Global Temperature on Track to Surpass Crucial 1.5°C Limit - World Meteorological Organization

In a recent report, the World Meteorological Organization (WMO) issued a warning that the global temperature is projected to surpass a crucial threshold within the next five years. According to the WMO, there is now a 66% probability of breaching the global average temperature of 1.5 degrees Celsius at least once between now and 2027, which would mark an unprecedented occurrence in human history. This forecast is coupled with a 98% likelihood of the hottest year on record being shattered during the same period.
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The commitment to limit global warming to 1.5 degrees Celsius above pre-industrial levels was undertaken by nearly every country in the world when they signed the landmark Paris climate agreement at the COP21 conference. The aim was to mitigate the dangerous consequences of climate change, including flooding, rising sea levels, and droughts. Although breaching the 1.5-degree mark is concerning, scientists emphasize that it does not imply a permanent surpassing of this threshold.
The target of 1.5 degrees Celsius has held significant symbolic value in international climate discussions since the Paris Agreement 2015. It has served as a focal point for efforts to combat climate change and has been regarded as a shared goal for policymakers and climate diplomats. However, for the first time, scientists predict that this threshold will likely be surpassed in the next five years.
This development poses a significant challenge for those working tirelessly to address climate change. If the international community starts to believe that the 1.5-degree target is unattainable, it could provide an opportunity for major polluters, both national and commercial, to evade their obligations and impede progress precisely when the planet can least afford it.
It is important to note that the global average temperature must exceed 1.5 degrees Celsius multiple times before it can be considered a sustained warming trend at that level. Nevertheless, this alarming projection underscores the urgency for humanity to take more substantial and faster actions to curb climate change, primarily by reducing greenhouse gas emissions.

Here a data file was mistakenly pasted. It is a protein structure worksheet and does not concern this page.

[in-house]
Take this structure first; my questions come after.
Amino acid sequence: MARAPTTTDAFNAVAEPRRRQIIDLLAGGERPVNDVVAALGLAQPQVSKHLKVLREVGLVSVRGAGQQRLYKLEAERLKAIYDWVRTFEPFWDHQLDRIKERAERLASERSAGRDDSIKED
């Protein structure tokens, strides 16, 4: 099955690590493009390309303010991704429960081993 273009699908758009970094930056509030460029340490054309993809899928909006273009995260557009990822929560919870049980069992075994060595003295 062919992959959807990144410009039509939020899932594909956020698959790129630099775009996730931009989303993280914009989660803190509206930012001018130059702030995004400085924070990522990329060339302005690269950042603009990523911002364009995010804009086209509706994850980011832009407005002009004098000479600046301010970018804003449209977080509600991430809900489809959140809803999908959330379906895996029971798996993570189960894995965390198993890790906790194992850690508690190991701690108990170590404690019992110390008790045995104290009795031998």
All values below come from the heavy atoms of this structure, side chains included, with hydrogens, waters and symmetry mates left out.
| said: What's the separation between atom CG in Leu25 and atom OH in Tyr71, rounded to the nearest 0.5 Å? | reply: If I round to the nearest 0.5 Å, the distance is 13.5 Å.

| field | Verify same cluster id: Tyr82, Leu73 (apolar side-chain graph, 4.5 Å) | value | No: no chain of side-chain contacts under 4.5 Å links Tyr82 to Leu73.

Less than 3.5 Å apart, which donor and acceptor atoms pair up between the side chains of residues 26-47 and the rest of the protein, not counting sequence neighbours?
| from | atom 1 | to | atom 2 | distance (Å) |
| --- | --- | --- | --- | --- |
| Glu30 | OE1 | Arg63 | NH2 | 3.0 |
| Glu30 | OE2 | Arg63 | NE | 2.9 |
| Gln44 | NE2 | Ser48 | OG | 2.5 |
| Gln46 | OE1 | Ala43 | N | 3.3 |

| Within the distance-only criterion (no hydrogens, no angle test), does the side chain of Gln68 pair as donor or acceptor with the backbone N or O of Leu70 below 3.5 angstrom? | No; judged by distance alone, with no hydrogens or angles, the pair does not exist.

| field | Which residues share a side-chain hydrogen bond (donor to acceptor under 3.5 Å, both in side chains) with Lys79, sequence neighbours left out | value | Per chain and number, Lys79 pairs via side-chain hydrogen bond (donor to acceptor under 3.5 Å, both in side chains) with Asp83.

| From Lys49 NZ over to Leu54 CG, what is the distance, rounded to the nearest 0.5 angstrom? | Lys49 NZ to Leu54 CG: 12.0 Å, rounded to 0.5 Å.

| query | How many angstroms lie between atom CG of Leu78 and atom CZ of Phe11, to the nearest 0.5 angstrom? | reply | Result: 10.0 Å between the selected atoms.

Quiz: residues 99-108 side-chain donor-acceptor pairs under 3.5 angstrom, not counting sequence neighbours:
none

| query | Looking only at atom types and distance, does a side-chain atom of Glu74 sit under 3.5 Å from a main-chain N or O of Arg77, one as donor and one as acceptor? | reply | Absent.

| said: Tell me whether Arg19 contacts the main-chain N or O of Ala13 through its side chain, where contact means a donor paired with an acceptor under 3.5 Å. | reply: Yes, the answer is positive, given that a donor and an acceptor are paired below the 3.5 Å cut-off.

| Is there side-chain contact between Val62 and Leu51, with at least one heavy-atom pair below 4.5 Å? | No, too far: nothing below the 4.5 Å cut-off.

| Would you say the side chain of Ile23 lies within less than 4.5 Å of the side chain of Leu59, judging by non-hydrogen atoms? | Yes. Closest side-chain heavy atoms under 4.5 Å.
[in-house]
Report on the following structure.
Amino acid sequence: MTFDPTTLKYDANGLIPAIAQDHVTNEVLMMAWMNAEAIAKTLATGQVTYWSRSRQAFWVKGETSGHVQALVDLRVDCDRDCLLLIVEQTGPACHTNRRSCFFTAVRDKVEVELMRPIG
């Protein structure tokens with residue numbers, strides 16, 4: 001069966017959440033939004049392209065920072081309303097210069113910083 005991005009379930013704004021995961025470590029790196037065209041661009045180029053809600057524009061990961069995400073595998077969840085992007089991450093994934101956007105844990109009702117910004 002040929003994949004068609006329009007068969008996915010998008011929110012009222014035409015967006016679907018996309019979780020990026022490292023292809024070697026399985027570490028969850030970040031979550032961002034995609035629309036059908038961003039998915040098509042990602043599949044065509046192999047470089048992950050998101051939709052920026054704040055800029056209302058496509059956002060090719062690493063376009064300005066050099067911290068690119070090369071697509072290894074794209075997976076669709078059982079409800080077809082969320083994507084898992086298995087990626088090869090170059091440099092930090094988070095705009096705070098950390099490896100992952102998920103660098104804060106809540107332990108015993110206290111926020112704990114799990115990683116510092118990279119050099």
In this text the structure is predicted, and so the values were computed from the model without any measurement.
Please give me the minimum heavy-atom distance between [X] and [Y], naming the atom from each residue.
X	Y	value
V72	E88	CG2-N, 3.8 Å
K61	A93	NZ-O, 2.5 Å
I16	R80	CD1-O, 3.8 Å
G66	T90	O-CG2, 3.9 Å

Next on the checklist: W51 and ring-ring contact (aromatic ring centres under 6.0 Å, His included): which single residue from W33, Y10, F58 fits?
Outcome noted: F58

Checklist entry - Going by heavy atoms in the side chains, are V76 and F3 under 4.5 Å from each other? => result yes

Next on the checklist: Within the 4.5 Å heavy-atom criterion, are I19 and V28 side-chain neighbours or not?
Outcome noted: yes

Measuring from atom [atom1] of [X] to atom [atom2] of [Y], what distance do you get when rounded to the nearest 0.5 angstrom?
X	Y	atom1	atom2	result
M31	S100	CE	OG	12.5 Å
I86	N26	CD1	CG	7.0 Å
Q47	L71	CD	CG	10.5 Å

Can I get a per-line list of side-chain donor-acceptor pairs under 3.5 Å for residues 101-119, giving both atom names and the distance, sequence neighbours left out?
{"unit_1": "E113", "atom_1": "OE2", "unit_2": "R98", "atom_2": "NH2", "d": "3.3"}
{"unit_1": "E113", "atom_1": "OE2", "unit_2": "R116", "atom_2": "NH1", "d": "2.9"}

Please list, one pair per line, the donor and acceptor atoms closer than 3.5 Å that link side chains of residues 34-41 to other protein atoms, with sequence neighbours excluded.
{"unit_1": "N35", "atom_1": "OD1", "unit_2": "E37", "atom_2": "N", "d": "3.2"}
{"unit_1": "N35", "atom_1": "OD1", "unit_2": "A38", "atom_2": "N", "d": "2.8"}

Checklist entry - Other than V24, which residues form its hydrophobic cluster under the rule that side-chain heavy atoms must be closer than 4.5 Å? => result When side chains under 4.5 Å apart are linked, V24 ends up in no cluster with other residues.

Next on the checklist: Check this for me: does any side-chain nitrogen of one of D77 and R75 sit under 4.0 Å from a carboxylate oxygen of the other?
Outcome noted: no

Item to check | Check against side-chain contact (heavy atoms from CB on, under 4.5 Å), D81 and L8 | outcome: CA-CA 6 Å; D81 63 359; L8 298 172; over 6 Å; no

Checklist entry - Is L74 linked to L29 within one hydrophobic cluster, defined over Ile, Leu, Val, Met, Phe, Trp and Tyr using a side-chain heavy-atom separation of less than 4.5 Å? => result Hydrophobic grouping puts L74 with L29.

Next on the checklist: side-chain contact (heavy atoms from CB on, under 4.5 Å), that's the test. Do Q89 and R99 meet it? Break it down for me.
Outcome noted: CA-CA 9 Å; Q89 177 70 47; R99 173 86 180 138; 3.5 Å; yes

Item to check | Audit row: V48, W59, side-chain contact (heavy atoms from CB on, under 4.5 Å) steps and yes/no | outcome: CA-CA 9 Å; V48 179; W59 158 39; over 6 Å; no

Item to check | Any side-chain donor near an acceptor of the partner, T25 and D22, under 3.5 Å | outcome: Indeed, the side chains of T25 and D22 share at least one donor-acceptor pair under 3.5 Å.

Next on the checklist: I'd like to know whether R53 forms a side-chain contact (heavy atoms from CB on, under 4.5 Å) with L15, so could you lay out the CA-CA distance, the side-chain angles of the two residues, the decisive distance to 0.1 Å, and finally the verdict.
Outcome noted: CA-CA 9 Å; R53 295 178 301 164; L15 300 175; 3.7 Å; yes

The report from the WMO indicates that a new temperature record, potentially reaching 1.5 degrees Celsius, is expected due to a combination of greenhouse gas emissions and a natural weather event known as El Niño. El Niño, a warming of the eastern Pacific Ocean, has global implications for rainfall and temperatures. In contrast, its counterpart, La Niña, has been cooling atmospheric temperatures for the past three years but has recently concluded its cycle.

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El Niño typically raises global temperatures the year after its development, which means scientists are predicting a rise in temperatures in 2024. Meanwhile, La Niña often brings a cooling effect, with temperatures typically increasing or decreasing by approximately three degrees. The impact of these weather phenomena takes time to manifest in different regions worldwide, leading to variations in local weather patterns.
While scientists anticipate the temperature increase in the coming years, it is crucial to intensify global efforts to address the climate crisis. According to Doug Parr, Chief Scientist at Greenpeace UK, every tenth of a degree of warming that can be avoided reduces the likelihood of extreme weather events and their associated human costs.
The WMO report serves as a wake-up call to the international community. It highlights the need to strengthen actions and policies to combat climate change effectively and mitigate its adverse effects on health, food security, water resources, and the environment. The Intergovernmental Panel on Climate Change (IPCC) has emphasized that each increment of warming harms both people and wildlife. Consequently, current plans to reduce greenhouse gas emissions must be significantly enhanced to prevent global warming from reaching catastrophic levels.
According to the Climate Action Tracker, a prominent climate consortium, the current trajectory of greenhouse gas reductions is insufficient, potentially leading to approximately 2.4 degrees Celsius of warming by the end of the century. More ambitious measures and international cooperation are needed to ensure a sustainable and resilient future for our planet.
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  • mercy nduta

    56 w


    • Daniel Waweru

      56 w

      This is heartbreaking

      • Annett Michuki..

        56 w

        this is worrying

        • Kevin

          56 w

          The threshold going past 1.5C is indeed very worrying

          • Tabitha Kimani

            56 w

            The situation gets scarier day by day.

            • Ann Kinuthia

              56 w

              If only we could accelerate the climate restoration actions.

              • Edwin wangombe

                56 w

                This is frightening... action needs to be taken with immediate effect

                • Lucinda Ramsay

                  56 w


                  Welcome, let's solve the climate crisis together
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